Motorists who get caught speeding, using mobiles behind the wheel, driving in bus lanes and other sundry road traffic offences are going to be fined more as of this week - up to 175% of their weekly wage in extreme cases.
But some might argue that it's the driving licence points incurred, not the fines that really matter.
Fines are inconvenient, but if we want to stay on the road most of us will pay up and move on.
You may grumble about the £60 or £100 fine, but that’s nothing compared to what’ll happen when it’s time to renew your insurance if you’ve racked up a heap of points…
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For example, a 30 year-old living in south-east London and driving a 2007 2.0-litre Ford Mondeo Zetec could expect to pay from £814 for comprehensive insurance if they use their car for social and commuting and have no points on their licence.
Their premium rises by £121 with three points, and £378 if they have 12 or more points, but are not banned from driving.
The cheapest premium if they received a ban when their points tally reaches 12 or more is also £1,191 but this is only half the story.
The cheapest quote in both the 12 points but no ban and 12 with a ban comes with a compulsory excess of £1,150 - which added to the £100 voluntary excess our driver opted for - means they’d stump up the first £1,250 of any claim.
Talk to my lawyer
Some motor law experts believe imposing an even greater number of points for offences and bans would deter motorists from taking risks, at least far more than a hefty upfront fine would.
Stephen Oldham, a solicitor who specialises in this field, told us: “A two-tier fixed penalty system with three points for lower speeds and six points for higher speeds would work. For example, in a 70mph zone, three points for 71-90mph and six points for 91-100mph. Drivers going over 100mph will still face a court appearance.”
Of course, if you’re wealthy enough, any increase in penalties or even a ban won’t make much difference, presuming you can employ the likes of hotshot solicitor Nick ‘Mr Loophole’ Freeman to defend your case.
One of his clients, Sir Alex Ferguson, avoided getting points on his licence because he really needed to reach a toilet and really had to drive along the hard shoulder to reach the loos before it was too late.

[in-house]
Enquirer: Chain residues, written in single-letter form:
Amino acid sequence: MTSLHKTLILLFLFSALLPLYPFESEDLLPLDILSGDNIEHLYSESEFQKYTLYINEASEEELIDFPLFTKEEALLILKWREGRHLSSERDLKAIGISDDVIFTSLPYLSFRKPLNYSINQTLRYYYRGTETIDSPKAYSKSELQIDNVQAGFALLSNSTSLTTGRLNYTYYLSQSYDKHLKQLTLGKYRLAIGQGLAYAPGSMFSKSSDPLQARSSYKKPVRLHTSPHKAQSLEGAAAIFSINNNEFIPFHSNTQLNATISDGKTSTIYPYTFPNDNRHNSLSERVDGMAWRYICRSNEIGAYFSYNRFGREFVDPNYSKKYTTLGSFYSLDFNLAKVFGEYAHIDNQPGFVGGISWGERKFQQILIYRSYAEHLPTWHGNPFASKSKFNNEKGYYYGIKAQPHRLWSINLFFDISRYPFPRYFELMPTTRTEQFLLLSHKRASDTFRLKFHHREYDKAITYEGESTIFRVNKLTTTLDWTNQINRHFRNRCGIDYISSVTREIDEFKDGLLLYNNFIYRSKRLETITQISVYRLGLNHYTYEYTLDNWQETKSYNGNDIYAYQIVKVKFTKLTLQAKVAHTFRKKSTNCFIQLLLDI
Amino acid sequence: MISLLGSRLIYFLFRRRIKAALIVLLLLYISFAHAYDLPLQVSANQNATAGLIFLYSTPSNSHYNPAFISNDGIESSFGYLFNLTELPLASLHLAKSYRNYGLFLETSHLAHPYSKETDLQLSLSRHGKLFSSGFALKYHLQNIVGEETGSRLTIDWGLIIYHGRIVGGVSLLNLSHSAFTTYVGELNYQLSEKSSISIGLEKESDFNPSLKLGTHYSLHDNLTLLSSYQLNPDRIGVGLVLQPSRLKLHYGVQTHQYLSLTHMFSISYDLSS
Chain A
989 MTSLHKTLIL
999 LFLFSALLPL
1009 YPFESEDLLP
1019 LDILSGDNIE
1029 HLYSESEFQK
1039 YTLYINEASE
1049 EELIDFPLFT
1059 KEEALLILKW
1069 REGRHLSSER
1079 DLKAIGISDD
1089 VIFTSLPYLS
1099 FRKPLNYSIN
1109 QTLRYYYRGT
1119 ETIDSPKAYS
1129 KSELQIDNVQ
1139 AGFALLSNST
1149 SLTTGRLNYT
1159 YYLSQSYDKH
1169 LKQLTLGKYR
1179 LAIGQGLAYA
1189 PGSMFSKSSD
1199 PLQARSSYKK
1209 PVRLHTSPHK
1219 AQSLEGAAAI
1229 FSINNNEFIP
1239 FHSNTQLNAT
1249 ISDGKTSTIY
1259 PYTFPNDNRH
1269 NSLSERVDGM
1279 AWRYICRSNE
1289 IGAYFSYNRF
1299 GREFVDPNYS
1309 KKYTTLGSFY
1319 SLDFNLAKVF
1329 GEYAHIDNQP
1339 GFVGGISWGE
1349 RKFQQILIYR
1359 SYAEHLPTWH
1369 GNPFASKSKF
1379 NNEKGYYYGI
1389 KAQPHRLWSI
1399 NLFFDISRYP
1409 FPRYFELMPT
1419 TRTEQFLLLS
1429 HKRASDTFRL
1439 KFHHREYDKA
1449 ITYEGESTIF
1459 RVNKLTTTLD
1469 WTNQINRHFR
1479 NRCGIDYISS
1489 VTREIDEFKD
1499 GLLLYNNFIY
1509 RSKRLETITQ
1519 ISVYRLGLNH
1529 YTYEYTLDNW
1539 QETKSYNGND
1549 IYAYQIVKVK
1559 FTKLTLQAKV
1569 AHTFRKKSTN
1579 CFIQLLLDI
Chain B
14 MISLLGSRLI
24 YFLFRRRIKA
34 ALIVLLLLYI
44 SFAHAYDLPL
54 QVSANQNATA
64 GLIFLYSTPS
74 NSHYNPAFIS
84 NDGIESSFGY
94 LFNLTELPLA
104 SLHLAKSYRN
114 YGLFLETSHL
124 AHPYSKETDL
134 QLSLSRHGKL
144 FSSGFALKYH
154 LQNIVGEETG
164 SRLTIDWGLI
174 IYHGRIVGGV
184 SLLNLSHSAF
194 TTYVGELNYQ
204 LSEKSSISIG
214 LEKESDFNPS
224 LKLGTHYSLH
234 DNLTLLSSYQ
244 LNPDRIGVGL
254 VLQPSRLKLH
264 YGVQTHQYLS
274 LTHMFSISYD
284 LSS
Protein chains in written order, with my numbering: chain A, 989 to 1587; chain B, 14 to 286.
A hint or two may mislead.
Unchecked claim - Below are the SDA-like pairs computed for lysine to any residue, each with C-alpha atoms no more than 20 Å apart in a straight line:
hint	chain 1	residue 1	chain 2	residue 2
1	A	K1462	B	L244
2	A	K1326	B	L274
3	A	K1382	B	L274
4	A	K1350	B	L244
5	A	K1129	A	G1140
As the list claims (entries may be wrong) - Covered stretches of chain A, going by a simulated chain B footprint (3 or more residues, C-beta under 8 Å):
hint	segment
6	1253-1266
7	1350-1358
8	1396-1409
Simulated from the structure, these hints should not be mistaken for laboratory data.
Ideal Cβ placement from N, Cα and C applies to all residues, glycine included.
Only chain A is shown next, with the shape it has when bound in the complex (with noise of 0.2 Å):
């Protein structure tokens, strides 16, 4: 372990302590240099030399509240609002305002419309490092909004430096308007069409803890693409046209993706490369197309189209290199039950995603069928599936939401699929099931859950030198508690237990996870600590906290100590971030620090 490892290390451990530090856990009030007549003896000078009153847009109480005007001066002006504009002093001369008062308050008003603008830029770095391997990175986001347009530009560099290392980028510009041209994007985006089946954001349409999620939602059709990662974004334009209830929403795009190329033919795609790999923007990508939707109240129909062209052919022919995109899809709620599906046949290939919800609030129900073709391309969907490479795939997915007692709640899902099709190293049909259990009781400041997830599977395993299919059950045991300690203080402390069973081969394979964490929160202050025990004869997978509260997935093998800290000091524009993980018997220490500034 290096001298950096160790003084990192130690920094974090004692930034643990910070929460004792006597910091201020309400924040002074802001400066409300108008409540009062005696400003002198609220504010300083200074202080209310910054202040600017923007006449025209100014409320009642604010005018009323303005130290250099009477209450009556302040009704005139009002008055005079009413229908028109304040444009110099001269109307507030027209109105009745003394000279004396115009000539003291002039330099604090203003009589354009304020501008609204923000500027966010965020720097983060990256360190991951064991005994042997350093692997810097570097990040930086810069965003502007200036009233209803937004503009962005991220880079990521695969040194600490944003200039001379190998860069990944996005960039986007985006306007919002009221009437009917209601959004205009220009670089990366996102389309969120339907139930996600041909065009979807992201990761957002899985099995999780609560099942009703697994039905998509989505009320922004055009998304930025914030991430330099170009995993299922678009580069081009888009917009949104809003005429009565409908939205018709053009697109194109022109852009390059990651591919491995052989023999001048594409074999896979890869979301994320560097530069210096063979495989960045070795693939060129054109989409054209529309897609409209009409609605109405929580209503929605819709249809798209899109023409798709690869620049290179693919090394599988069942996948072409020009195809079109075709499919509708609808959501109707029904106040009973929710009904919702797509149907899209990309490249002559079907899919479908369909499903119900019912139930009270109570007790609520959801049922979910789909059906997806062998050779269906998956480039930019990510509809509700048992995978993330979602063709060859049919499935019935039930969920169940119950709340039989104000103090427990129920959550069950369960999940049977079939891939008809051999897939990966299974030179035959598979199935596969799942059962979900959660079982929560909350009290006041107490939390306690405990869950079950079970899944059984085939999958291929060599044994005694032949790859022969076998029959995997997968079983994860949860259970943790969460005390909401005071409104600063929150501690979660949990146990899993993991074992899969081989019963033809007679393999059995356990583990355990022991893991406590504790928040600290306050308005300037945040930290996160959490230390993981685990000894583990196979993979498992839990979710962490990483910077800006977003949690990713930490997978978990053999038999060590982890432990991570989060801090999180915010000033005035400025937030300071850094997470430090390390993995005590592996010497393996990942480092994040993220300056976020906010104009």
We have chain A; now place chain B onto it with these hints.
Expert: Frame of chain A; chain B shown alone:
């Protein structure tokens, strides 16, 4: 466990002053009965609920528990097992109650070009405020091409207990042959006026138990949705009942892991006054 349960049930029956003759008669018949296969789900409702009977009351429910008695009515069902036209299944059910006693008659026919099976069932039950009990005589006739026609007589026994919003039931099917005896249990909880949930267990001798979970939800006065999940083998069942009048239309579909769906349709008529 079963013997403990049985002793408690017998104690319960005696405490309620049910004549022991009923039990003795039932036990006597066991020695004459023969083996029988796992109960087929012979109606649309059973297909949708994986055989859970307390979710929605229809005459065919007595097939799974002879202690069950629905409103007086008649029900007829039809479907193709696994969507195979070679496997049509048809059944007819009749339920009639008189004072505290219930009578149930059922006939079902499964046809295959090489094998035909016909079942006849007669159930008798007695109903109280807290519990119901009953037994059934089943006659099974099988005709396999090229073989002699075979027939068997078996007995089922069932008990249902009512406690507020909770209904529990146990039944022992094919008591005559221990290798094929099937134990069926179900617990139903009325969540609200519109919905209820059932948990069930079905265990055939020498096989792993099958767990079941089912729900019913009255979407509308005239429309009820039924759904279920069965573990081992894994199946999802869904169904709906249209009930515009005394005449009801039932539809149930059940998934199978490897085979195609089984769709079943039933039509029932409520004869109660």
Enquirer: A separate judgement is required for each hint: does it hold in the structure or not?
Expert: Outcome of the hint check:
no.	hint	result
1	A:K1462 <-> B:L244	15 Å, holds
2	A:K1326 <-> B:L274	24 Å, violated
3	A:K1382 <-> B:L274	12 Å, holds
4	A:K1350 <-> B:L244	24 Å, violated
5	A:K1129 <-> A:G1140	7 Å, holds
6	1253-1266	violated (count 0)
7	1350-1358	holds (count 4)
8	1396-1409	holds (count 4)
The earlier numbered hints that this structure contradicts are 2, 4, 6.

When he isn’t terrorising the Caribbean in a pedalo, former cricketer Andrew Flintoff has been charged with driving at 87mph in a temporary 50mph zone on the M62.
In his case Mr Freeman helped his client avoid points and a potential ban thanks to good old fashioned ineptitude on the part of the authorities, which had taken too long in issuing a prosecution notice.
And then there was the infamous Jimmy Carr case.
No, not that one.
Mr Carr was caught talking into a mobile phone while behind the wheel of his car. In this case, Nick Freeman successfully argued that he was in fact dictating a joke idea rather than conversing with another person.
There is no shortage of stories about how the rich and famous are able to challenge the law on speeding fines and other alleged offences.
And don’t think for a second they were moved to employ top lawyers to avoid a £100 or so fine.
Their eyebrows are raised at the high cost of re-insuring their Bentley, Ferrari or Aston Martin, which probably costs more to get cover for each year than the purchase price of our driver’s Mondeo…
The stakes could get a lot higher for drivers if the law was tougher on errant motorists, according to Nick Freeman.
“If the government was serious about tackling this issue it needed to do something which would not win the populist vote - namely imposing a mandatory three-month disqualification at speeds within certain parameters,” he says. “What motorists fear most of all is being removed from the road. That’s the thing that really resonates with them.”
Even the likes of you and me can avoid being banished to the kerbside if it’s found we would suffer ‘exceptional hardship’ as a result of a driving ban.
This is something a recent BBC investigation highlighted, when a Freedom of Information Act request revealed more than 10,000 motorists are allowed to drive despite having between 12 and 18 points, while some have dozens of points on their licence.
The exceptional hardship clause can be used in cases where a number of offences have been committed in a short space of time, and it is reasonable to conclude the motorist did not know they were breaking the law.
One oft-cited example is where a camera is put into operation on a route you regularly use to get to and from work, and by driving just a mile or so over the limit at that could result in several points being incurred before the driver is alerted to the offence when they receive a penalty points notice.
So, when it comes to motoring offences, prevention is better than cure - ease off the throttle, steer clear of the bus lanes, and for heaven’s sake, put the phone away.
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